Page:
The following is an article for the new Polaris Rush. It was written by Jerry Basset for snowmobile.com. I found it full with information and thought I would share it with you.
The key feature of the new Rush is its Pro-Ride rear end. It is instantly recognizable and instantly unique as it brings an externally structured mono-shock control arm to snowmobiling. It mimics the concept of mono-shock design commonly seen in motocross and top line off-road ‘adventure’ motorcycles. This tube-frame construction, mono-shock design replaces the standard rear arm assembly of a more traditional Polaris skid frame. The front arm remains relatively the same, but there is no coupling of the front and rear arms in the Pro-Ride. The standard front limiter straps were retained for added ski pressure tuning. The rear arm concept is totally new and exhibits some out of the suspension box thinking.
Simple To Tune
We found suspension tuning very refined, yet incredibly simple and effective. Twisting the mono-shock coil spring two turns in either direction results in an adjustment equal to either 10 or 15 pounds of rider weight. The change of 10 pounds is the number when the suspension is equipped with the standard spring. Using the heavier weight optional spring gives you the 15 pounds of change. This heavier spring is specified for riders of 225 or more pounds. Adjusting among the 16 clicker positions on the front ski shocks sets compression from soft to hard and further helps balance the sled’s handling. Making changes on the mono-shock’s 19-position clicker shock further fine-tunes the ride and complements the mono-shock setting.
On our initial Rush ride of the Daniels Summit test route, Polaris engineers overseeing our preview ride made frequent stops during which they encouraged us Rush riders to make suspensions adjustments. This allowed us to make fine-tuning adjustments to the engineer’s pre-ride base settings, while proving to us, through our own hands-on experience, just how easy tuning this suspension really is. Since the various test riders ranged from slight to heavyset, tuning adjustments paid off.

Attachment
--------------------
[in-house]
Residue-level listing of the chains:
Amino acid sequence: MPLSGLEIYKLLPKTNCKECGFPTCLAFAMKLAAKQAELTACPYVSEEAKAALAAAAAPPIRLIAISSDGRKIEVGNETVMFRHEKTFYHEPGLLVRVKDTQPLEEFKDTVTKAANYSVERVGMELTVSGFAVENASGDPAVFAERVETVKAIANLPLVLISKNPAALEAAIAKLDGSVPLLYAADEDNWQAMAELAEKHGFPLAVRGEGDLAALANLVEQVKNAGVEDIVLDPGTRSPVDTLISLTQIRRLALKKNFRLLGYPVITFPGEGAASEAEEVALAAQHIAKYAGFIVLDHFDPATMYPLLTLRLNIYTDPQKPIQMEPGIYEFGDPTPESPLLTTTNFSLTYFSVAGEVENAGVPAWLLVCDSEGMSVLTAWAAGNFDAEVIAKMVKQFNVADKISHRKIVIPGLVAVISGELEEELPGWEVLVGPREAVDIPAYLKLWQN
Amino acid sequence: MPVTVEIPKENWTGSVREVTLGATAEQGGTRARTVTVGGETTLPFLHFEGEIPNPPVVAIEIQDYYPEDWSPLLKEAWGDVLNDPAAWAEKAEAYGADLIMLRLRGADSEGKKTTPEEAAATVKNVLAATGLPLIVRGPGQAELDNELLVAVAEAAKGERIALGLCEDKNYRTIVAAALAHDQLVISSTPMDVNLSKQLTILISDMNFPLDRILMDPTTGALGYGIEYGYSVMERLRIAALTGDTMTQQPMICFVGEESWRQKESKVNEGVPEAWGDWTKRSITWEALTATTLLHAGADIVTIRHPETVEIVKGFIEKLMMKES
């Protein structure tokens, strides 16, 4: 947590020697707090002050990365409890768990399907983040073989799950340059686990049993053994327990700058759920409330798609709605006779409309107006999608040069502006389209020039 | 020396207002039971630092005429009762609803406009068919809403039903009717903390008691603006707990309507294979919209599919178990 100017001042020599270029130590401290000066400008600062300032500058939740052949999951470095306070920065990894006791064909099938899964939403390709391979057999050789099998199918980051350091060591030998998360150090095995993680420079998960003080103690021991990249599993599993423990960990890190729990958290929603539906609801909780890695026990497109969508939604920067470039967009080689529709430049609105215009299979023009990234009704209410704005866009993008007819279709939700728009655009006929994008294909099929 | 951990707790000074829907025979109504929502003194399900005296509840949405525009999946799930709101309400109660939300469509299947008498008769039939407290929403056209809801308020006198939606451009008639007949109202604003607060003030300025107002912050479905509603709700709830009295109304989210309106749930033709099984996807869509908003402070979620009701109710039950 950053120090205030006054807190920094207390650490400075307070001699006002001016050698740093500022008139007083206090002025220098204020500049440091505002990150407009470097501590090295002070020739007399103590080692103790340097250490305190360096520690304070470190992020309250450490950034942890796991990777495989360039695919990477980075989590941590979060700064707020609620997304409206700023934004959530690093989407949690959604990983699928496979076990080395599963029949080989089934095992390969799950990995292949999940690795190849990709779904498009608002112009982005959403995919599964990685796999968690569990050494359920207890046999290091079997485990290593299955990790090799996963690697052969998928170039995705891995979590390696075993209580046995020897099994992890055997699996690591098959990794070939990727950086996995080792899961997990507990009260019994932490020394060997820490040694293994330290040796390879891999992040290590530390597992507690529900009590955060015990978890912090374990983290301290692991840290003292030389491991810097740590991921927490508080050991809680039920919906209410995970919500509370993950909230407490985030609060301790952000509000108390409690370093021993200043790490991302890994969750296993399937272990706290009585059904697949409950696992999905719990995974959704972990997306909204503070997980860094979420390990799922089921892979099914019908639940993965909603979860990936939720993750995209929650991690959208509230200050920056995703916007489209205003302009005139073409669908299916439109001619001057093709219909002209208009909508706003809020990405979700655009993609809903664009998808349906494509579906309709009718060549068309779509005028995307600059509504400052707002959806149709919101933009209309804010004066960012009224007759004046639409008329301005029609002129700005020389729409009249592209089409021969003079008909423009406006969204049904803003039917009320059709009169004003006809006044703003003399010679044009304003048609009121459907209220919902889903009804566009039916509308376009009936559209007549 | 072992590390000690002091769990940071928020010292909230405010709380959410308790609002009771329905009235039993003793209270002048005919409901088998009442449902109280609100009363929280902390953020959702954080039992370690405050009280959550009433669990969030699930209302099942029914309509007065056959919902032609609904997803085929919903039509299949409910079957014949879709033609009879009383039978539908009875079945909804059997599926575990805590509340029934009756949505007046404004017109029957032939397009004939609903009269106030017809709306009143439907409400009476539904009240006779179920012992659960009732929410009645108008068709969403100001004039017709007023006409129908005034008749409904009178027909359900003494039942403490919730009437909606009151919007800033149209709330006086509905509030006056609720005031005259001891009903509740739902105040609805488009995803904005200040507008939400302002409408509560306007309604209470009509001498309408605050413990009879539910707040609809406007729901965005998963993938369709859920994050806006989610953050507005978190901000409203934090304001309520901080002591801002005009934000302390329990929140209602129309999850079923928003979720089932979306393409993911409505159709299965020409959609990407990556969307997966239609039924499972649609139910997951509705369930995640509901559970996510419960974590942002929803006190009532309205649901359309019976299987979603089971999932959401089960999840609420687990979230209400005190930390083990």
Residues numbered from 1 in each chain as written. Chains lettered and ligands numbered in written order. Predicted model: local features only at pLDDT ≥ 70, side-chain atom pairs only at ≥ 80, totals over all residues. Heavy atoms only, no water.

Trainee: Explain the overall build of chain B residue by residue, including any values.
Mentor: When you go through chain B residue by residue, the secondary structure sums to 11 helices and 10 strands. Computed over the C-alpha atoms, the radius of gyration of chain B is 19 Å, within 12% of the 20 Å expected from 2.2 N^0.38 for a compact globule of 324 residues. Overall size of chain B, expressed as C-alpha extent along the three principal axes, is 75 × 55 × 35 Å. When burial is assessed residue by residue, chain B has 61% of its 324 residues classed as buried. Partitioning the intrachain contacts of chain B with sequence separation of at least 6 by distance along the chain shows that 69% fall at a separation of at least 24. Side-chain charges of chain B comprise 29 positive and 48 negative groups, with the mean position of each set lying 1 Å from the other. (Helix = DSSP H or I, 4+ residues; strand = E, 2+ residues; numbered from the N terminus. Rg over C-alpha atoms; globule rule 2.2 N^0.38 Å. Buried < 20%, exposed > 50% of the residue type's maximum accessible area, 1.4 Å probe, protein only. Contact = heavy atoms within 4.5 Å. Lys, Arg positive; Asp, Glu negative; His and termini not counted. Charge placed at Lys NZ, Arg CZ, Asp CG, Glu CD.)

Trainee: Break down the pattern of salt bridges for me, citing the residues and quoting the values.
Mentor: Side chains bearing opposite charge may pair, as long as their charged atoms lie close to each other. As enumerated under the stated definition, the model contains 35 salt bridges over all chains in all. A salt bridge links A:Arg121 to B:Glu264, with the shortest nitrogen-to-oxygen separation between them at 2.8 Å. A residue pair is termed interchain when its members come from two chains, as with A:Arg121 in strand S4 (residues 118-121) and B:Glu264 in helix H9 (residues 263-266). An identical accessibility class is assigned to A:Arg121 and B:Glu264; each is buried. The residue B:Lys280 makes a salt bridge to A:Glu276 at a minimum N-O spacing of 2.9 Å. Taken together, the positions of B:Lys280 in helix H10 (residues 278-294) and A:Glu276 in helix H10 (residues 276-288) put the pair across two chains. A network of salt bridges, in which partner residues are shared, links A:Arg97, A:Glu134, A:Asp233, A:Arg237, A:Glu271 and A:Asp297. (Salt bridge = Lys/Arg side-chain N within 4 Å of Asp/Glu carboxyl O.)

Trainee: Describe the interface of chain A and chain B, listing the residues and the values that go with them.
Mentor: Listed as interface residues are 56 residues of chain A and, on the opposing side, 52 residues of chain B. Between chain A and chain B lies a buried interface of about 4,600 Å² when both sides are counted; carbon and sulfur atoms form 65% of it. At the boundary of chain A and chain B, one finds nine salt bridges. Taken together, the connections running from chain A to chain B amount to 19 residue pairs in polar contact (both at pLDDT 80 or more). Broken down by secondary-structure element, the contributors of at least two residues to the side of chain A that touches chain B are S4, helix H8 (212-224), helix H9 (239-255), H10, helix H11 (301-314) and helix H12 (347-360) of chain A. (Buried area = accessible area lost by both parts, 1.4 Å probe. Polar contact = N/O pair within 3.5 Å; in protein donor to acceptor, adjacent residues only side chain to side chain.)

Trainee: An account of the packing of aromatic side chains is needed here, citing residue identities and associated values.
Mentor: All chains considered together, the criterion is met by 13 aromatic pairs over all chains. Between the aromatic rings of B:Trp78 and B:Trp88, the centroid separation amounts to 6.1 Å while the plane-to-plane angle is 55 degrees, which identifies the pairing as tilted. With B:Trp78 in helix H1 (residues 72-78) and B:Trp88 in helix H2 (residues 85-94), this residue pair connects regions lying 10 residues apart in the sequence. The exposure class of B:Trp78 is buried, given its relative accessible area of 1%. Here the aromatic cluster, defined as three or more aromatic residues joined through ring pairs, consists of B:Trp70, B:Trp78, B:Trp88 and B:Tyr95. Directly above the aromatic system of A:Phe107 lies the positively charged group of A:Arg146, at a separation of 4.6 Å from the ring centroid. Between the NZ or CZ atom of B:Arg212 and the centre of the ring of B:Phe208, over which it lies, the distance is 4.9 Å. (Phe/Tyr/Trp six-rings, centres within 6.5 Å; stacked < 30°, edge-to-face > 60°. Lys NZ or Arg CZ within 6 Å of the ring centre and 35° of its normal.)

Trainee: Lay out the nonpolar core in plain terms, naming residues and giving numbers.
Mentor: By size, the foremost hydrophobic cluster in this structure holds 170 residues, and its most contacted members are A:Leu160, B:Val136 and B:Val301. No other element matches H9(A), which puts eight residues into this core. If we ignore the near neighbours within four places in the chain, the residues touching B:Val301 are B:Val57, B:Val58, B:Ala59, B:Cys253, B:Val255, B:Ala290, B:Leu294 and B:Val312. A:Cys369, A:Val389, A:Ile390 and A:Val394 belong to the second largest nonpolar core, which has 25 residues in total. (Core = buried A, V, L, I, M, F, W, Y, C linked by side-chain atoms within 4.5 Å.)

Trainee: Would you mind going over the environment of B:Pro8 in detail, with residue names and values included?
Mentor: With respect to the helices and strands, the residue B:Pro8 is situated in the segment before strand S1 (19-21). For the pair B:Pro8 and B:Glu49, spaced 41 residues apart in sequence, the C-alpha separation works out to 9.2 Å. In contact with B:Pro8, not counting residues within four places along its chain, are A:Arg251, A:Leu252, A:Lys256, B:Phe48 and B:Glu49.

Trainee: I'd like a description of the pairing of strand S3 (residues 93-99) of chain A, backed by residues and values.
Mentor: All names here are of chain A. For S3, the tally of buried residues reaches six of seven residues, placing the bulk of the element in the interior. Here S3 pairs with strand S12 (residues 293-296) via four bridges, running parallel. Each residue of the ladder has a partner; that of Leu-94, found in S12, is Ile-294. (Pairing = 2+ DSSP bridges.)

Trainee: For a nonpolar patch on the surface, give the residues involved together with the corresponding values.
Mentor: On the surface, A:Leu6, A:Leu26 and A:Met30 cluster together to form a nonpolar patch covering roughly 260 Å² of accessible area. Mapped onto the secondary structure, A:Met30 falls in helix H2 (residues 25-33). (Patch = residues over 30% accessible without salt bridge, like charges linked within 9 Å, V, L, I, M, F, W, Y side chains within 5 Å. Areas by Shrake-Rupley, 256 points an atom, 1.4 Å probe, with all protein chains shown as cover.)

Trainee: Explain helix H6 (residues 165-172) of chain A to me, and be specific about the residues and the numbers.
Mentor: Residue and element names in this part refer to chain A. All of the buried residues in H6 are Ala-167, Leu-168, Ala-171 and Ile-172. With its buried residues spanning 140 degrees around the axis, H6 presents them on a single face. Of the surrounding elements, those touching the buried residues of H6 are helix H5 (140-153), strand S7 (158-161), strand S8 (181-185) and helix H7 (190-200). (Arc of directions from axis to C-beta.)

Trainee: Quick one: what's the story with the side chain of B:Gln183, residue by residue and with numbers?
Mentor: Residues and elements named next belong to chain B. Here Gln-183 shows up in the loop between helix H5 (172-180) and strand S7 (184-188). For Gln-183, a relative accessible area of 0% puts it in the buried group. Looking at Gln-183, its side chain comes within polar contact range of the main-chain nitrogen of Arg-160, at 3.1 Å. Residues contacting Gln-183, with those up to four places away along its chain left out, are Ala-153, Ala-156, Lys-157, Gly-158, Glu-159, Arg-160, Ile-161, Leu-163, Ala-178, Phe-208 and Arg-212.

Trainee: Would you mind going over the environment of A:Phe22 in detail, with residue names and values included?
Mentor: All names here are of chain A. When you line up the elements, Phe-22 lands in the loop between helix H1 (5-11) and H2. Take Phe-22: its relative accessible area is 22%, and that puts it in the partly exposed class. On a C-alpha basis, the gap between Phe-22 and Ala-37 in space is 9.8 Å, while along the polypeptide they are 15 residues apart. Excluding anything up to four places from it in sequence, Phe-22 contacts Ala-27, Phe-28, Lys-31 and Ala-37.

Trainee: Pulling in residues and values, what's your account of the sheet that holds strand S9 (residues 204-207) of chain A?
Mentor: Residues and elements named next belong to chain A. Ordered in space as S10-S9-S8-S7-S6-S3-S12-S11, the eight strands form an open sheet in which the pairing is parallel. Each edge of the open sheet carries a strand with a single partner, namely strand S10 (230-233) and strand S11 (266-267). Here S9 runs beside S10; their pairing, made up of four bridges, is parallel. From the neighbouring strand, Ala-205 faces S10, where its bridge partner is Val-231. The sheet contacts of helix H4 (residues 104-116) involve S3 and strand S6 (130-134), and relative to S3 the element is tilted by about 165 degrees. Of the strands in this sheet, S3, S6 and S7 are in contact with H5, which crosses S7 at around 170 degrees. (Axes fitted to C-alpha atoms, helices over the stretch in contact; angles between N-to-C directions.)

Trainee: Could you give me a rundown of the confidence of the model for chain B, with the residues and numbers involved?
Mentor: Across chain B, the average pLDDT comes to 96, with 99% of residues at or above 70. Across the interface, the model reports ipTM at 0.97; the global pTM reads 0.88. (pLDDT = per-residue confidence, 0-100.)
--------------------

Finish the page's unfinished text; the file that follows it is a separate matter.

Our initial Rush ride came on cold morning trails and proved to be a throttle flipper to the handlebar affair. Our nearly 100 miles of group and solo test riding provided insight into just how the Pro-Ride handles virtually every trail condition from stutter bumps to full, suspension-sucking G-force moguls.
In the afternoon, when we were given free ride time, we made three solo circuits of the Daniels Summit loop. We deliberately ranged our ride from moderate trail speeds to full on to amped trail riding and back to trail touring. We worked a long section of suspension soaking moguls at 55-plus speeds on one tour, then 40-plus for another, and finally at 30 to 40 miles per hour to get a true appreciation for the Rush’s appeal from hardcore hot rod to suitability as touring trail sled extraordinaire.
IQ Front End
Up front the Rush features a modified Dragon SP IQ front ski suspension with a set of Walker-Evans clicker shocks replacing the Dragon SP’s air-float shocks. As a point of fact, Polaris engineering staffers say last year’s Dragon SP front end was actually designed for the Rush but brought to market a season early to fit the 2009 Dragon SP. You can say the Rush front end is a proven but more refined version.
Under the hood, sitting low and providing a nice low center of gravity for superior handling is Polaris’ 600 Cleanfire Injection 2 ‘fuelie’. It starts easily and runs very strong, punching power from a Polaris P85 drive to a P2 driven. Stopping is powerfully provided with Polaris’ high-performance, race-tested Wave hydraulic disc.
From the cockit you’ll reach for standard Polaris hand and thumb warmer switches, an electronic reverse button, and a toggle button for the all-new fully digital speedometer module. Traditionalists like this sled tester will whine abut the loss of an analog readout, but Polaris feels its high-tech module with digital speedo, odometer, tripmeter, fuel gauge and performance playback feature will satisfy more Rush buyers and give them a sense of something truly new and modern.
Although the handlebars are curved at the ends and wide enough to satisfy us, we really would prefer a newer integrated bar design without the bolt on curved ends. Can we say Arctic Cat handlebar design?
The racing-style seat is said to have upwards of five inches of foam. It is a familiar Dragon SP shape that accentuates the ride-forward styling. We have no complaints, as it proves amply comfortable for fast or moderate trail riding. It places you in a rapid response position to stand up when charging through the bumps. But with the Pro-Ride suspension, you’ll find yourself confidently seated once you gain confidence in how well the suspension’s 14-inches